Flying in a controlled manner on Mars is far more difficult than flying on Earth. Even though gravity on Mars is about one-third that of Earth’s, the helicopter must fly with the assistance of an atmosphere whose pressure at the surface is only 1% that of Earth.
Sunday’s flight will be autonomous, with Ingenuity’s guidance, navigation, and control systems doing the piloting. That’s mostly because radio signals will take 15 minutes, 27 seconds to bridge the 173-million-mile gap between Mars and Earth.
Events leading up to the first flight test begin when the Perseverance rover, which serves as a communications base station for Ingenuity, receives that day’s instructions from Earth. Those commands will have traveled from mission controllers at JPL through NASA’s Deep Space Network to a receiving antenna aboard Perseverance. Parked at “Van Zyl Overlook,” some 215 feet away, the rover will transmit the commands to the helicopter about an hour later.
Then, at 10:53 p.m. EDT, Ingenuity will begin undergoing its myriad preflight checks.
“It should take us about six seconds to climb to our maximum height for this first flight,” said JPL’s Håvard Grip, the flight control lead for Ingenuity.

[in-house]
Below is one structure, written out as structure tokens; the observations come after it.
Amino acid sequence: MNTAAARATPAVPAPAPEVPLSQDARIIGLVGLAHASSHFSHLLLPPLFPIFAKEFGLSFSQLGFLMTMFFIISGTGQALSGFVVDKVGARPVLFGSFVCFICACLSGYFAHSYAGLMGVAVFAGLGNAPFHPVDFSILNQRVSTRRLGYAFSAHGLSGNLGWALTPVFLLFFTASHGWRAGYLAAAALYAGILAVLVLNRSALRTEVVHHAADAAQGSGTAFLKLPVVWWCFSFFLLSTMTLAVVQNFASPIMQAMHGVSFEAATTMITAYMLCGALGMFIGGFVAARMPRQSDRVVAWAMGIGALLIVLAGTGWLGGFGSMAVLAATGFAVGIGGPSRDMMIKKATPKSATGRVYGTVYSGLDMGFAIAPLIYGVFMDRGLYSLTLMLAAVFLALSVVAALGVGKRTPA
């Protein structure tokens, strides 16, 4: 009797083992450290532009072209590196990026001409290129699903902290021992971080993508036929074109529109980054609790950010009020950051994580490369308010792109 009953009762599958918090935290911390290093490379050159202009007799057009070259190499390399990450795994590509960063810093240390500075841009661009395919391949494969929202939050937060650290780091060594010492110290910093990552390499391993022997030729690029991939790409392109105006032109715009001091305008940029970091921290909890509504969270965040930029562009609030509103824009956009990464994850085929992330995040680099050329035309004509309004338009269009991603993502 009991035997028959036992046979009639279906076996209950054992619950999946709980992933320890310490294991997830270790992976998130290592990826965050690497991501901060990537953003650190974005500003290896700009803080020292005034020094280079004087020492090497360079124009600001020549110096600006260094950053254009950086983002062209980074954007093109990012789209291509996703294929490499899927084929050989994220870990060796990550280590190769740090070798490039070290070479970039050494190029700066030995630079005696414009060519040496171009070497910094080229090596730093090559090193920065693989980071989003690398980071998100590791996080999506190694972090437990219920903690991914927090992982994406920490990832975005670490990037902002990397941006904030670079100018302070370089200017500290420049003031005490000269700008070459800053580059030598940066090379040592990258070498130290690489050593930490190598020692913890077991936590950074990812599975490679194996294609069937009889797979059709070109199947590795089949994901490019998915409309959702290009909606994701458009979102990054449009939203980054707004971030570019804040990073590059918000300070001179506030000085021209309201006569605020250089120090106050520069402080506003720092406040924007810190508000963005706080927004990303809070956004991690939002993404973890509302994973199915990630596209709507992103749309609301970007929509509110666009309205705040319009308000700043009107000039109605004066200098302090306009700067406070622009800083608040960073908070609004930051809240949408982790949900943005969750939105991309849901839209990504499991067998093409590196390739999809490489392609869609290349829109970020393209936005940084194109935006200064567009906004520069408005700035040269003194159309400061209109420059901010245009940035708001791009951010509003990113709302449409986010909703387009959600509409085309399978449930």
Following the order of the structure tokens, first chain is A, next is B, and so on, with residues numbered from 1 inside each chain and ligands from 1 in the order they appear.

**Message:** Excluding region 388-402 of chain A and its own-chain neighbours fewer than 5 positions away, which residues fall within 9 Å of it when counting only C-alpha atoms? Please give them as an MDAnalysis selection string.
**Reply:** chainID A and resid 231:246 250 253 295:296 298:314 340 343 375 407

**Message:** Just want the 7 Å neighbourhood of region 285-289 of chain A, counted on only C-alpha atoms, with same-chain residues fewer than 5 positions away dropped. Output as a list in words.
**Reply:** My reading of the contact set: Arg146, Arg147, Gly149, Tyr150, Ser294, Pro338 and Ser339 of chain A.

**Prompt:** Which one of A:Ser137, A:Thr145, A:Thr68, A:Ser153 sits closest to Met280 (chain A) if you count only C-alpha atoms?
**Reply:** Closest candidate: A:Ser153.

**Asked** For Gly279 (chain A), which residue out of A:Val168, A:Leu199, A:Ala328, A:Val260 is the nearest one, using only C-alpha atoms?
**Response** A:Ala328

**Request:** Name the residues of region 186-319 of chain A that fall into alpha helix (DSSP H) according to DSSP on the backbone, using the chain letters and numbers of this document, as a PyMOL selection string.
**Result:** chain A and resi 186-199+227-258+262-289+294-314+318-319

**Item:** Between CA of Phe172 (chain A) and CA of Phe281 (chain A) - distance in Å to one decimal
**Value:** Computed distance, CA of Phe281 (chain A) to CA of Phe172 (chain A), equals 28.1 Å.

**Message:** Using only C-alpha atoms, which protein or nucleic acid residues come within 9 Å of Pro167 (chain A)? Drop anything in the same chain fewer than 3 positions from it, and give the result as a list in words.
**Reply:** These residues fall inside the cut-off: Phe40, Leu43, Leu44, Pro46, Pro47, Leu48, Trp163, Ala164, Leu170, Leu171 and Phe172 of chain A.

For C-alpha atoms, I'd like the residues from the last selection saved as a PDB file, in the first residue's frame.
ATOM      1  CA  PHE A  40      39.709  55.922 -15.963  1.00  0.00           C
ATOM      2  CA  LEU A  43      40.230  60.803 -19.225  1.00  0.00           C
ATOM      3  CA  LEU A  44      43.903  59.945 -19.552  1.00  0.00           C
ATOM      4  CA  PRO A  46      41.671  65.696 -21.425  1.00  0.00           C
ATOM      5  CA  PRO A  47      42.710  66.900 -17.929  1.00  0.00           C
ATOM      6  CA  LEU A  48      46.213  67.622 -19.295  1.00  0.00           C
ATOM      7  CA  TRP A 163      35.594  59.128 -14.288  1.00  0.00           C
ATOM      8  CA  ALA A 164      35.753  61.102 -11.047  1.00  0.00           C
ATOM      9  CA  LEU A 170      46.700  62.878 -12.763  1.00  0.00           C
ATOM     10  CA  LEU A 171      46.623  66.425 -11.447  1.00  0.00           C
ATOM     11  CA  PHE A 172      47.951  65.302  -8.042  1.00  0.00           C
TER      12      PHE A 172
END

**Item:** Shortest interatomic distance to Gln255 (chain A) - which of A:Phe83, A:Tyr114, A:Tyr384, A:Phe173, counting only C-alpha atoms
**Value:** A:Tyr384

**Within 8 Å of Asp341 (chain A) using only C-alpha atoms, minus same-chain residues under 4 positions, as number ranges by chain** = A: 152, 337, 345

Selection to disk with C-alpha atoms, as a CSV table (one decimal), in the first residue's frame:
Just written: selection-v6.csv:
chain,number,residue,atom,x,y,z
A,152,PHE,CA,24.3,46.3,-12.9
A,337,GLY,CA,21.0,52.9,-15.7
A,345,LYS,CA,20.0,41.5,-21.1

While hovering, the helicopter’s navigation camera and laser altimeter will feed information into the navigation computer to ensure Ingenuity remains not only level, but in the middle of its 33-by-33-foot airfield – a patch of Martian real estate chosen for its flatness and lack of obstructions. Then, the Mars Helicopter will descend and touch back down on the surface of Jezero Crater, sending data back to Earth, via Perseverance, to confirm the flight.
Perseverance is expected to obtain imagery of the flight using its Navcam and Mastcam-Z imagers, with the pictures expected to come down early morning Monday. The helicopter will also document the flight from its perspective, with a color image and several lower-resolution black-and-white navigation pictures possibly being available by the next morning.